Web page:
Sport Sciences for Health

, Volume 14, Issue 1, pp 115–119 | Cite as

Relationship between stature level and success in elite judo: an analysis on four consecutive Olympic Games

  • Paolo Riccardo Brustio
  • Gennaro Boccia
  • Paolo Moisè
  • Luca Laurenzano
  • Corrado Lupo
Original Article



The rationale of our study derived from the important changes in judo rules, with particular consideration of the leg grabs. Therefore, the present study aimed at demonstrating the relationships between stature and successful matches in elite judo, in relation to both genders and seven weight categories.


Stature levels and final ranking position of each participant were recorded on the base of the year of Olympic Game (Athens 2004, Beijing 2008, London 2012, Rio 2016), gender, and weight class. A one-way ANCOVA was applied to determinate possible differences (p ≤ 0.05) among judoka’s statures related to each Olympic Game.


Results showed that no difference has been reported for stature level of each judo Olympic Game in all and only male judoka. On the contrary, for female, difference (p = 0.007) on judoka’s stature levels among ranking positions generally emerged, reporting increases in stature levels between the first and the fifth (from 163.62 ± 7.95 to 167.90 ± 8.88 cm; p = 0.004), and the seventh (from 163.62 ± 7.95 to 168.26 ± 8.53 cm; p = 0.016) ranking position.


Considering that no relationship between stature and successful matches in elite judo emerged in the analyzed four Olympics Games, it can speculate that no advantage can be attributed to the taller judoka’s for the rule changes regarding the leg grabs.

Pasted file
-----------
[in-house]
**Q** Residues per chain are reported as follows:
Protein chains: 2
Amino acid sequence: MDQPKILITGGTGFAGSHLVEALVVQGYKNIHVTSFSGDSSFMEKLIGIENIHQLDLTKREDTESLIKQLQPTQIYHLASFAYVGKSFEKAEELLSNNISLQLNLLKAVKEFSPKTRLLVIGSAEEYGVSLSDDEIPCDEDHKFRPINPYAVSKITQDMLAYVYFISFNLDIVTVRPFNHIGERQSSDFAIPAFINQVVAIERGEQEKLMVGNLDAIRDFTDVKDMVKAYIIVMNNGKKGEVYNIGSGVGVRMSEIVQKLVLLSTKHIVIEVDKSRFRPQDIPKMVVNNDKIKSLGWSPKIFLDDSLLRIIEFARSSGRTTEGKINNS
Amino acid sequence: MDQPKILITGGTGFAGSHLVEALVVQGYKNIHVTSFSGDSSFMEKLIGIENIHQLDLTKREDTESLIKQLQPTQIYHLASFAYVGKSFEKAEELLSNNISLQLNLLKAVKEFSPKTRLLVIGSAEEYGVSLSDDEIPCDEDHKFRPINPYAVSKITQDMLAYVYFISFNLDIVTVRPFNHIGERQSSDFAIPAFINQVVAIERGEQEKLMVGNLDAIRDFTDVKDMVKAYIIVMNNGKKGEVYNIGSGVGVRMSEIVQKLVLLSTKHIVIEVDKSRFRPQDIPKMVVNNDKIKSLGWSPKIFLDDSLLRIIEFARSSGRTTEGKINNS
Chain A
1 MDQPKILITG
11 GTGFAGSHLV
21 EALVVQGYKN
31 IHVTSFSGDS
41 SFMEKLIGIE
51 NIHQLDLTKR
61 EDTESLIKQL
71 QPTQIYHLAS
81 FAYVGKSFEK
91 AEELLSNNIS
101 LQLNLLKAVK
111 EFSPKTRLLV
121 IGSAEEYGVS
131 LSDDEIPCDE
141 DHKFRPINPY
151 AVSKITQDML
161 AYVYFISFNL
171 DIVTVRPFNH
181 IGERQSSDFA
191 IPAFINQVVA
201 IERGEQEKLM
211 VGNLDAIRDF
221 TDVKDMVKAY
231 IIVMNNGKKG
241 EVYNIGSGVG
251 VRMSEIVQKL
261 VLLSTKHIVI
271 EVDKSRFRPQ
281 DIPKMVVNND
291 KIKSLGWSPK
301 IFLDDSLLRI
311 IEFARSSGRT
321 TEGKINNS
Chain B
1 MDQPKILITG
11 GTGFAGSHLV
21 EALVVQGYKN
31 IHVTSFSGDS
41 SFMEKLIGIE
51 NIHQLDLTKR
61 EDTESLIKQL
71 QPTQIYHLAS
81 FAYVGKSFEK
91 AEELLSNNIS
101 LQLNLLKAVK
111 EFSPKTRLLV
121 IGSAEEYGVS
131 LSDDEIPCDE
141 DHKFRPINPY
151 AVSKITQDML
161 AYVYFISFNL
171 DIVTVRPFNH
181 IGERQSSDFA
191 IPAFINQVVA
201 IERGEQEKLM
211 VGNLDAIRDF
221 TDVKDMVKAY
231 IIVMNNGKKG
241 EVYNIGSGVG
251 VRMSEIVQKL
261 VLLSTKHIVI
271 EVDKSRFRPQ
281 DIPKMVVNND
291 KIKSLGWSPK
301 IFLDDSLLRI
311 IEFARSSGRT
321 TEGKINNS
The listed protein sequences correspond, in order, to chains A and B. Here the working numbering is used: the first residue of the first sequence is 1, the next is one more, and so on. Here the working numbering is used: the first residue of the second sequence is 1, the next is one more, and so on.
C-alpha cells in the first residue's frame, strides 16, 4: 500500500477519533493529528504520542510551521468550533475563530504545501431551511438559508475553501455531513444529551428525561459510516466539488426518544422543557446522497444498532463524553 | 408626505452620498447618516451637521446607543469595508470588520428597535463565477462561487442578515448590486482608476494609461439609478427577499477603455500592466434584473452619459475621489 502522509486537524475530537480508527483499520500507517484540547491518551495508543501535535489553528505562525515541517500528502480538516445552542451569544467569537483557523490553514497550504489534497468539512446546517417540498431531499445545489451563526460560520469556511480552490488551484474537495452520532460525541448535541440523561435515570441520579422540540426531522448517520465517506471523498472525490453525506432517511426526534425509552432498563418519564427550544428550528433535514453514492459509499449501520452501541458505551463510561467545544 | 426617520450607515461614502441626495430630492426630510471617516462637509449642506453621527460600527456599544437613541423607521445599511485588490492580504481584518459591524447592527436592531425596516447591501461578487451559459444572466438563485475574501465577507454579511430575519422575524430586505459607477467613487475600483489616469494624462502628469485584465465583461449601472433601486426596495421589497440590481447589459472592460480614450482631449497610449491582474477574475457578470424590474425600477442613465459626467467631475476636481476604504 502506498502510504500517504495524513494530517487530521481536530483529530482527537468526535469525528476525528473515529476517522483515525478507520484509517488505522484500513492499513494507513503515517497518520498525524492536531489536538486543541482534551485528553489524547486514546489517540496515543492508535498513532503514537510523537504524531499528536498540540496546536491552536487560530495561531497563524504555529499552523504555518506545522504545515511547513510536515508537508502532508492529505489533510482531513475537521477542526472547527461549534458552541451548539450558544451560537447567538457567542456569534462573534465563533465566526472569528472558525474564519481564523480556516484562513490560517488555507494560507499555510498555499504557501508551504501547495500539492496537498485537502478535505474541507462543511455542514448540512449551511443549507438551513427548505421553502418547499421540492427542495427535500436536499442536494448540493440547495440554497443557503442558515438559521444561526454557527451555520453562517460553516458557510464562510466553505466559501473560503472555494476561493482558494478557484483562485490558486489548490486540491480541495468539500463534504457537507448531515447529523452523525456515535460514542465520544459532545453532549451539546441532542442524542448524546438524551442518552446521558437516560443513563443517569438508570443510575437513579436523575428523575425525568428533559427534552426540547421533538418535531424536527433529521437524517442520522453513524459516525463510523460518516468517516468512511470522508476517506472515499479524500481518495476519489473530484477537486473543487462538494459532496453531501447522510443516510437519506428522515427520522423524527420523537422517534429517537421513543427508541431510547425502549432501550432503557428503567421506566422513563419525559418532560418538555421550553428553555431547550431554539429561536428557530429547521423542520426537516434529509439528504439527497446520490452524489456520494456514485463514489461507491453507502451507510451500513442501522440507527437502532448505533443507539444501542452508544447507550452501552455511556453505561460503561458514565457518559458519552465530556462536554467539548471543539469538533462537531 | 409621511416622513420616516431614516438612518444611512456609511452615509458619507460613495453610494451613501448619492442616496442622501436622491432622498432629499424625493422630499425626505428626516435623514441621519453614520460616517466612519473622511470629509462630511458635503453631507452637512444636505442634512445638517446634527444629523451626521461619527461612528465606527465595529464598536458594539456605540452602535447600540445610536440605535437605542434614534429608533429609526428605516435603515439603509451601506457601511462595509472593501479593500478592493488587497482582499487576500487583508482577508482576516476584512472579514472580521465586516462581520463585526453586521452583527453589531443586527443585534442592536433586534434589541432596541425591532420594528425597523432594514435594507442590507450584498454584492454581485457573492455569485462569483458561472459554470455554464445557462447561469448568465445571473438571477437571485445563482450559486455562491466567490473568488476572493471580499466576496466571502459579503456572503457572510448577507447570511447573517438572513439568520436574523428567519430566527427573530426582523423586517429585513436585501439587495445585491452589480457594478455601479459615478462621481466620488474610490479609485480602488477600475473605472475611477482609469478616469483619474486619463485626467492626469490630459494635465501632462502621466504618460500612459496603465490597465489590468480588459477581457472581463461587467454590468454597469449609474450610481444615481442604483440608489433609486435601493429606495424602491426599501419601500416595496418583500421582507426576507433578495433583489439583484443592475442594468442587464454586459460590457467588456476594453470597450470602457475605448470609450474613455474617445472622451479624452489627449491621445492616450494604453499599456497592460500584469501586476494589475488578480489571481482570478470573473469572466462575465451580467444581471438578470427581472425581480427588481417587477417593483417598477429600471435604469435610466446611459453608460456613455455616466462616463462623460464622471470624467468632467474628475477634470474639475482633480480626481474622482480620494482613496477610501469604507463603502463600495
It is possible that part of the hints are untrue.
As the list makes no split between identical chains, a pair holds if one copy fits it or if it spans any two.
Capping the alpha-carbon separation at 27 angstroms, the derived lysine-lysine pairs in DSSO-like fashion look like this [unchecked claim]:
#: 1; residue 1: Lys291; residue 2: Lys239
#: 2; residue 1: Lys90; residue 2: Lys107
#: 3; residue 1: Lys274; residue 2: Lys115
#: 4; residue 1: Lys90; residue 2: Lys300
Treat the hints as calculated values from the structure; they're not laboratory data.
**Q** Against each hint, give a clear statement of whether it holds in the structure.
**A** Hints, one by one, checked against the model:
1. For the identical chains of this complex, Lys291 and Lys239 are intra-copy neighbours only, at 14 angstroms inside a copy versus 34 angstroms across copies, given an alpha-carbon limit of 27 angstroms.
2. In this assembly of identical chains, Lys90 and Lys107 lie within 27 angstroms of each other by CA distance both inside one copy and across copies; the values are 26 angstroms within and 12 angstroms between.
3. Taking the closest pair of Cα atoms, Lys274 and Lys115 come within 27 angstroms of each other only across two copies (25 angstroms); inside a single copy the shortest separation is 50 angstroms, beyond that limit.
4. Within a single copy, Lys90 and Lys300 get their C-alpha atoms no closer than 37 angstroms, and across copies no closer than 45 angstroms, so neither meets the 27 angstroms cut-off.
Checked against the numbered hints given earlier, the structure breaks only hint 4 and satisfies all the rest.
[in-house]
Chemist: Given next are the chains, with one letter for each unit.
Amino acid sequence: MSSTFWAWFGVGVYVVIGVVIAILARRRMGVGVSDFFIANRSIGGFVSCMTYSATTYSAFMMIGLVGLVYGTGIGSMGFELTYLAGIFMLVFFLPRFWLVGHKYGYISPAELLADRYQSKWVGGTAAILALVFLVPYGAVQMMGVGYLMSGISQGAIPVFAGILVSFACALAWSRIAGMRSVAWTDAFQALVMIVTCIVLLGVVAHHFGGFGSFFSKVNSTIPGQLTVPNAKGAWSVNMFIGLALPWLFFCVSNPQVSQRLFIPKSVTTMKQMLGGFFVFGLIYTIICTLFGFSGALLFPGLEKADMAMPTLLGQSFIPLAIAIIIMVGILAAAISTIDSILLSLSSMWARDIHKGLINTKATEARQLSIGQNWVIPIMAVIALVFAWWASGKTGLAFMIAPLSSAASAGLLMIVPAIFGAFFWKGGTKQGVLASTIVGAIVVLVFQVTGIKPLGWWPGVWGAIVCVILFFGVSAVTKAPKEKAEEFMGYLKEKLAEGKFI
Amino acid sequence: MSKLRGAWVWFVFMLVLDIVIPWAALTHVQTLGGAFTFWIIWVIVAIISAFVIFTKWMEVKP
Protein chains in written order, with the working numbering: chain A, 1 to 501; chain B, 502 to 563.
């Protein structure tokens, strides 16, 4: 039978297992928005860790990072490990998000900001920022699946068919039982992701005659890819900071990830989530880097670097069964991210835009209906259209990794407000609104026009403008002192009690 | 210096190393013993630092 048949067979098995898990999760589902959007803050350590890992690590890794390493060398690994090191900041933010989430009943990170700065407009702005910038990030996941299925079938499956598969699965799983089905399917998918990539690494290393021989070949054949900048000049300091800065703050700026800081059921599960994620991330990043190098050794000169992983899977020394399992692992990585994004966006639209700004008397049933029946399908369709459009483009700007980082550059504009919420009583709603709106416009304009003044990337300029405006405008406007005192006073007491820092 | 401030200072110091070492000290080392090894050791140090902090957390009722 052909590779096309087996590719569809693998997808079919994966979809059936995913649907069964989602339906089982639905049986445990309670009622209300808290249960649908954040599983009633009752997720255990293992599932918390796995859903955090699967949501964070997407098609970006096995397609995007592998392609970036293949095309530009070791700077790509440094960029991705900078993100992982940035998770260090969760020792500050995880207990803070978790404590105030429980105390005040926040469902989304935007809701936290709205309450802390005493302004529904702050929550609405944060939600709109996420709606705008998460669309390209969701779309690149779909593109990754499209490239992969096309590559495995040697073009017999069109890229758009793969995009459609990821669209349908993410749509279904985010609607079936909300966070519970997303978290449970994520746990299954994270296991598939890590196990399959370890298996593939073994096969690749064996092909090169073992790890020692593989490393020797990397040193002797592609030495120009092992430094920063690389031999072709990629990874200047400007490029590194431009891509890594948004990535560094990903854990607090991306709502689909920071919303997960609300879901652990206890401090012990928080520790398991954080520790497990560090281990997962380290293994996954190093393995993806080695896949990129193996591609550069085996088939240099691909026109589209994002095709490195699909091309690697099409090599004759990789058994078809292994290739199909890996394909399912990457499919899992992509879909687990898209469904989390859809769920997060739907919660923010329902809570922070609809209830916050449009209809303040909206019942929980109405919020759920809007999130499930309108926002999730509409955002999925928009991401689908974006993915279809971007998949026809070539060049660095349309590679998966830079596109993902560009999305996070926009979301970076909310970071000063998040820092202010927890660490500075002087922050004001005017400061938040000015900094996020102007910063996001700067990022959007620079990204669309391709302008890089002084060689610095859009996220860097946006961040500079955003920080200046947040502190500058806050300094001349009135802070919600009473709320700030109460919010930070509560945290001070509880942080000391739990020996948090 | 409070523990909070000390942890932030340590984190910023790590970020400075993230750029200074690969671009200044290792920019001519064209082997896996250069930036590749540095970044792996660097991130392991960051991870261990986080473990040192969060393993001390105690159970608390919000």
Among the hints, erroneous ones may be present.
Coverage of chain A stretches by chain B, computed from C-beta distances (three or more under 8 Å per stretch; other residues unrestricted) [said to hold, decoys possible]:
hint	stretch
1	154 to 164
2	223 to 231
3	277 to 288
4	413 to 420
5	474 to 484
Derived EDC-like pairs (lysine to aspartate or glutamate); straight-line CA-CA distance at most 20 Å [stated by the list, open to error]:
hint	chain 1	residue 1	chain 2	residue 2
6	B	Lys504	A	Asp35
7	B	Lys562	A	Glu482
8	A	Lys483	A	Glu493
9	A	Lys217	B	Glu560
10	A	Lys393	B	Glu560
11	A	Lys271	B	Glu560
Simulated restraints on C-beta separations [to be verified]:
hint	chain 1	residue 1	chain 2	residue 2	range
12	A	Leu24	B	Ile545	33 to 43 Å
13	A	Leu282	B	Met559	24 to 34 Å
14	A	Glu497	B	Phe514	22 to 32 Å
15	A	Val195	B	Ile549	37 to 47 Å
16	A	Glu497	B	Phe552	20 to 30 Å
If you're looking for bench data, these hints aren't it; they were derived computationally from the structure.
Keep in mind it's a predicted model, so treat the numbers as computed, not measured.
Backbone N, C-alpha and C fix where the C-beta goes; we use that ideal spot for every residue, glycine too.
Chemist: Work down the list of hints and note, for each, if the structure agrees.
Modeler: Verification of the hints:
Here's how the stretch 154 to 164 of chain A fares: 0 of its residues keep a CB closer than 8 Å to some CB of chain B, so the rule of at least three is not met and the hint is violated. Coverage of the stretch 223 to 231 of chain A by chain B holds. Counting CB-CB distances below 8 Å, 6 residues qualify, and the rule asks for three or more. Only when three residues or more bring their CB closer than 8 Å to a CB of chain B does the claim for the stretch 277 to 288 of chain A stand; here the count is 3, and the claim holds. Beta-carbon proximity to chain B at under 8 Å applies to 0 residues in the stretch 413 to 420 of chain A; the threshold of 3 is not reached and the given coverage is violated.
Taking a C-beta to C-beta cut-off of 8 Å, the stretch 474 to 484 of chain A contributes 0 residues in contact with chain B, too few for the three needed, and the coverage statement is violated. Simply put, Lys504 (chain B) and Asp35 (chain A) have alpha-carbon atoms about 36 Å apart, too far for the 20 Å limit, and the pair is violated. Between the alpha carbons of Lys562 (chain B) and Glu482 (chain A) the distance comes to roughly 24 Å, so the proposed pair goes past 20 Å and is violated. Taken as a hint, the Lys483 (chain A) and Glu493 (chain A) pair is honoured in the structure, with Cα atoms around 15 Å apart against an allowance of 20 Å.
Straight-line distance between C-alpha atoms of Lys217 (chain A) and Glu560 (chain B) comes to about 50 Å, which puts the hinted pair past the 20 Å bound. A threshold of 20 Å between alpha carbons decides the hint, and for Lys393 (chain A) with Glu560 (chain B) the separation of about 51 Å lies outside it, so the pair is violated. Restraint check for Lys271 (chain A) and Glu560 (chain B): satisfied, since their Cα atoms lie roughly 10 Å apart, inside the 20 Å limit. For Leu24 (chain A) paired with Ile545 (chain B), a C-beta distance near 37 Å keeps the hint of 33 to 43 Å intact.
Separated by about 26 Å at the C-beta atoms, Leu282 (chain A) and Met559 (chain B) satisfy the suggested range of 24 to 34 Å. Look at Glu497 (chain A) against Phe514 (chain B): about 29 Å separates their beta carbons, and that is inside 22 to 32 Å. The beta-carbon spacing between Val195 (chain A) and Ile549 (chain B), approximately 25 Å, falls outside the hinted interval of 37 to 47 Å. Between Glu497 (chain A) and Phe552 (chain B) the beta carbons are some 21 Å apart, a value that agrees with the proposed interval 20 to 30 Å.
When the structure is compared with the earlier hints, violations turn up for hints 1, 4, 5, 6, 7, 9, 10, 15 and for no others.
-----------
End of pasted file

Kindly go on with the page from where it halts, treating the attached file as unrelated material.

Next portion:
Martial arts World ranking Professional sports Match outcome Performance evolution 


Compliance with ethical standards

Conflict of interest

The authors declare no conflict of interest.

Ethical approval

The study was approved by the Ethical Committee of the University of Torino (Turin, Italy; prot. 26831) and performed in accordance with the Helsinki Declaration.

Informed consent

No informed consent was obtained due to the nature of the study.


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Copyright information

© Springer-Verlag Italia S.r.l., part of Springer Nature 2017

Authors and Affiliations

  1. 1.NeuroMuscular Function Research Group, Department of Medical Sciences, School of Exercise and Sport SciencesUniversity of TorinoTurinItaly
  2. 2.CeRiSM Research Center “Sport, Mountain, and Health”RoveretoItaly
  3. 3.School of Exercise and Sport SciencesUniversity of TorinoTurinItaly

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